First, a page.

He’s black and white. He’s lightning over the first ten yards. He’s utterly fearless. Unfortunately, he’s a rabbit, though he is called Peter. My little girl named him after the, to be honest, quite badly behaved one with the blue coat. But in my heart, he’s named after Peter Beardsley.
Peter Beardsley is probably my favourite Newcastle United player that I got to see. I was too young for the highlights of the 1970s, although I did get a penny floater signed by Terry Hibbitt when he had the newsagents at West Denton shops. I’d seen him play as the sideburns of the seventies became the extra-short shorts of the 80s, but my dad reckons he was even better first time around.
So for me, Pedro was different. I saw his dawning and second coming. In the blue skies of my memories, he was grace and strength, and when you watch clips on You Tube, the years have not dulled the moments.
His goal against Brighton, winning the ball and chipping a tall and very impressive Joe Corrigan, was trickery from the soul. If Wayne Rooney did that today, Clive Tyldesley would wet his Manchester United knickers.
But this isn’t my favourite memory of Peter Beardsley.
Years ago, in the media-strained week after Newcastle United played Arsenal and awful rumours surfaced of the hotel antics of Kieron Dyer, Peter was due to award the certificates for the Awards Evening at the school I worked at. I had never seen the hall so packed. And Peter was late for school.
We had to start without him. A message came through that he was on his way, and a lookout was posted at the school gate, ready to radio in when he arrived. The plan was: as soon as he arrives, stop the awards, wait for Peter, continue with the man himself. What could go wrong?
When Peter arrived at the gate, there were only three kids left to get their awards. The others had been given out very, very slowly, just so Peter could give out as many as possible. In he walked, with the shuffle of a man who has played football forever.
The hush across the hall had the deafening silence you feel in the middle of the night. All I could hear was the sound of Pedro’s footsteps, and the blood rushing through my ears as awe flooded the room.
Peter shyly and slightly nervously addressed the expectant families and kids.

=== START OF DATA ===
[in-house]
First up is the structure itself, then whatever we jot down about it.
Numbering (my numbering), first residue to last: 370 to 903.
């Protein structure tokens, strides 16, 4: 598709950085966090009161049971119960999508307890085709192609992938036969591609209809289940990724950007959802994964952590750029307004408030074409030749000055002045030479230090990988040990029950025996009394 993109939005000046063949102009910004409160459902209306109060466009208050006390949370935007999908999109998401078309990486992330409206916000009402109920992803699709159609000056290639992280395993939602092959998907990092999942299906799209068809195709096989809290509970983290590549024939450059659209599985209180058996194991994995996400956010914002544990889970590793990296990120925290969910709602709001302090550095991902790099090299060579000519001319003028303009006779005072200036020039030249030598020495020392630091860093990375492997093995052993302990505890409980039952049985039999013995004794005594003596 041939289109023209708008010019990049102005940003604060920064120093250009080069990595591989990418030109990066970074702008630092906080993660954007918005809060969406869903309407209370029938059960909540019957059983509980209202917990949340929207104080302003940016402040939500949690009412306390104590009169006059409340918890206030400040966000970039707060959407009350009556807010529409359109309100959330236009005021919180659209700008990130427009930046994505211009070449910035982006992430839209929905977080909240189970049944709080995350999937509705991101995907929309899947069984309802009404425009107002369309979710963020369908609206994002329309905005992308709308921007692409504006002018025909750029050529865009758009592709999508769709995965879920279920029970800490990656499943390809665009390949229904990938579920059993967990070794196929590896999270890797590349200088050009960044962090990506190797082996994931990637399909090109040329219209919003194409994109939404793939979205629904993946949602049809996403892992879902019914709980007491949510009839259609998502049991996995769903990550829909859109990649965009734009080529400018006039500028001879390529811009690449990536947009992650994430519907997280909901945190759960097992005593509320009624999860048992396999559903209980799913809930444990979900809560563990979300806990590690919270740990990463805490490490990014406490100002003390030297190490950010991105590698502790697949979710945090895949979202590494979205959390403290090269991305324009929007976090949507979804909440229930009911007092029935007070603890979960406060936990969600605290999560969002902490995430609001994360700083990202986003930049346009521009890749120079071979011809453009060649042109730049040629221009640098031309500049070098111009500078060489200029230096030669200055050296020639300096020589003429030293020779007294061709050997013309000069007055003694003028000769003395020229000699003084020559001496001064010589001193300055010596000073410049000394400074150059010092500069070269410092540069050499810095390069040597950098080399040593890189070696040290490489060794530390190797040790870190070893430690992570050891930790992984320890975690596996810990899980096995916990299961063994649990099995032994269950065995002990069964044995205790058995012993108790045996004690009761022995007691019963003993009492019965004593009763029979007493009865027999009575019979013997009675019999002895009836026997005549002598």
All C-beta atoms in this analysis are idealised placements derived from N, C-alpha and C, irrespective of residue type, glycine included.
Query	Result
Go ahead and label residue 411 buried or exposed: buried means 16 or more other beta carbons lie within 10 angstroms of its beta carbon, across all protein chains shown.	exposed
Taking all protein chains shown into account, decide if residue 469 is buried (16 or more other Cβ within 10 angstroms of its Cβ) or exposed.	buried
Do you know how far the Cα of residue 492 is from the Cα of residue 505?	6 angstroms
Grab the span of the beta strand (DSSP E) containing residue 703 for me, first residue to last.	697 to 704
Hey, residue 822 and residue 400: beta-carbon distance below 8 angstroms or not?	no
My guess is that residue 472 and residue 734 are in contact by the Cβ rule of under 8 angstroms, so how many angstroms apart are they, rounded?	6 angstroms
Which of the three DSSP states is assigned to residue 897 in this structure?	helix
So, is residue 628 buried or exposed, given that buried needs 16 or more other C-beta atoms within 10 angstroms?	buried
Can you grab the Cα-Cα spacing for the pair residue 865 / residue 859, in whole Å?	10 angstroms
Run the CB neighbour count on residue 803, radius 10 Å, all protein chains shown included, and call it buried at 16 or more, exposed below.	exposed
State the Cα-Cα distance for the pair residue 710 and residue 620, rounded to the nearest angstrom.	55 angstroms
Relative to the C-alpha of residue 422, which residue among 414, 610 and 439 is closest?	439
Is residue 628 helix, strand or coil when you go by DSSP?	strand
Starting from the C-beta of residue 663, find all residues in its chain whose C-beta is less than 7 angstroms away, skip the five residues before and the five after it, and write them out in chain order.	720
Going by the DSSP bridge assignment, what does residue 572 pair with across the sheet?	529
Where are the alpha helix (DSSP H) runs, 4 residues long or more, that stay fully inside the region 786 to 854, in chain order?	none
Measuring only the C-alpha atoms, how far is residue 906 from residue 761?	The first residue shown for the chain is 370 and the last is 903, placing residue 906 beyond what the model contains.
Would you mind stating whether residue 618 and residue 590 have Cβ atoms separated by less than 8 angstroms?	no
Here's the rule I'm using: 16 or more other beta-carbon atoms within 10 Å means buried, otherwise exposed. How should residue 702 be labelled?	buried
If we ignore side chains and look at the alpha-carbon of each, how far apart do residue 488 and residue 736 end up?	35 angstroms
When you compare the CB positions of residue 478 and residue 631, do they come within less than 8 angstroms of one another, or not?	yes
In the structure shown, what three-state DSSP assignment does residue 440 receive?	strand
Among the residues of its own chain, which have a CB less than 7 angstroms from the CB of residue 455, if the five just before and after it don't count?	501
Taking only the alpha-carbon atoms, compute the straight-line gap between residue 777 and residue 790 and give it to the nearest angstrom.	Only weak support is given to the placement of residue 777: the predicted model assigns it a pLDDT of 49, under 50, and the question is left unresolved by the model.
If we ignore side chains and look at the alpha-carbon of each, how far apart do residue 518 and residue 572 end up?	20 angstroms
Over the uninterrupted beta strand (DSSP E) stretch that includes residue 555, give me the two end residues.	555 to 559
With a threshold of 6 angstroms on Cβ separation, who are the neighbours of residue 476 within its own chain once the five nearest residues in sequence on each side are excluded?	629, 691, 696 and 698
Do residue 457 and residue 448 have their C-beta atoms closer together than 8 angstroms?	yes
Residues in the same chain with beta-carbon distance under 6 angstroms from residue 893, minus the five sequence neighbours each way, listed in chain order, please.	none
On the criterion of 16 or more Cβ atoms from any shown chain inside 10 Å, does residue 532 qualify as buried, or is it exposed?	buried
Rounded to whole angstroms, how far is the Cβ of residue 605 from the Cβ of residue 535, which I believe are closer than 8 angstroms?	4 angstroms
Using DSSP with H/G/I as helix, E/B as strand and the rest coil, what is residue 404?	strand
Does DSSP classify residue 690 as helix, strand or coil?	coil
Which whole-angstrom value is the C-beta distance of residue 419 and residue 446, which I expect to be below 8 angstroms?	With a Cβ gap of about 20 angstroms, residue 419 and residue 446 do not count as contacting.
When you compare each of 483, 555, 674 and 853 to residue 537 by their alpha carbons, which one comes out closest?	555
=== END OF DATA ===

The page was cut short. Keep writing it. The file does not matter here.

“Sorry I’m late,” he started. “I’ve been at a Peter Beardsley Golf Day for the Special Baby Unit and unfortunately it went on a bit longer than we thought it would.”
It wasn’t going to take much, but forgiveness was instant. “If any of the kids would like their certificate signed, or a photo, that’s no problem,” he went on.
I’m sure there was something in my eye.
Peter Beardsley, the magician who had pulled a rabbit out of the hat against Brighton twenty years earlier, had done it again. He had enchanted the crowd with genuine substance in his performance. Every kid had their photograph taken and certificate signed.
Every question in the Q&A was treated with respect, thought, and insight. This was better than any TV interview, because the questions we wanted to ask were answered without cliché or hollow promise. Class is permanent.
So every time I feed the rabbit, I have a little think about the Peter Beardsley step over, and the perfect lob. Just before our furry so-and-so slides down the ramp in his hutch on his rabbity bum.
Our current team have the potential to get out of the relegation mess. To be heroes. To be some dreamy kid’s ‘I was there’, thirty years later memory. They are someone’s first match and defining moment of supporting Newcastle United.
We’ve seen patches of light in a stormy sky. Now I want to know what could rename the rabbit. Mbemba bunny? Wijnaldum Wabbit? I just don’t want another Fatal Attraction!
Now if a black and white rabbit can evoke memories of a sunny day in 1984, which names take me to the Brave New World of let downs and loss? Because you can’t name your pets and kids after footballers you can’t stand, even though you’ve never met them.
There are the obvious ones. ‘Marco’ ranks right up there. And Eminem can keep Stan, because coupled with ‘Collymore’, we can pinpoint the moment that hearts were actually broken. Mind, these days, you don’t get many kids called Stan. Or Stanley. I thought there’d be loads after the Eminem adoring youth started making baby Eminem fans, yet there are very few. But it’s a shame, because it’s a great name for a rabbit.
So what would we call our dog, should we ever get one? I think I’d go for a very confusing Peter. Or Withe, but this might sound weird after you’ve chucked a stick for him to ignore. This would be after the centre forward Peter Withe, who famously chased down a pooch during a match against QPR just before Christmas in 1979. This is the match I most regret not going to.
My dad had asked me if I wanted to go, but I went to a Christmas party because Santa was going to turn up sometime in the afternoon. 4-2! What was I thinking!
If we got a cat, it would have to be named after a goalie. Steve Hardwick? Err… how about Budgie? God, this is confusing. The great Russian goalie, Lev Yashin, was nicknamed the Black Cat because of his black football strip. Now as nicknames go, that could create issues in Newcastle. I wonder if any Nissan FC fans have pet magpies.
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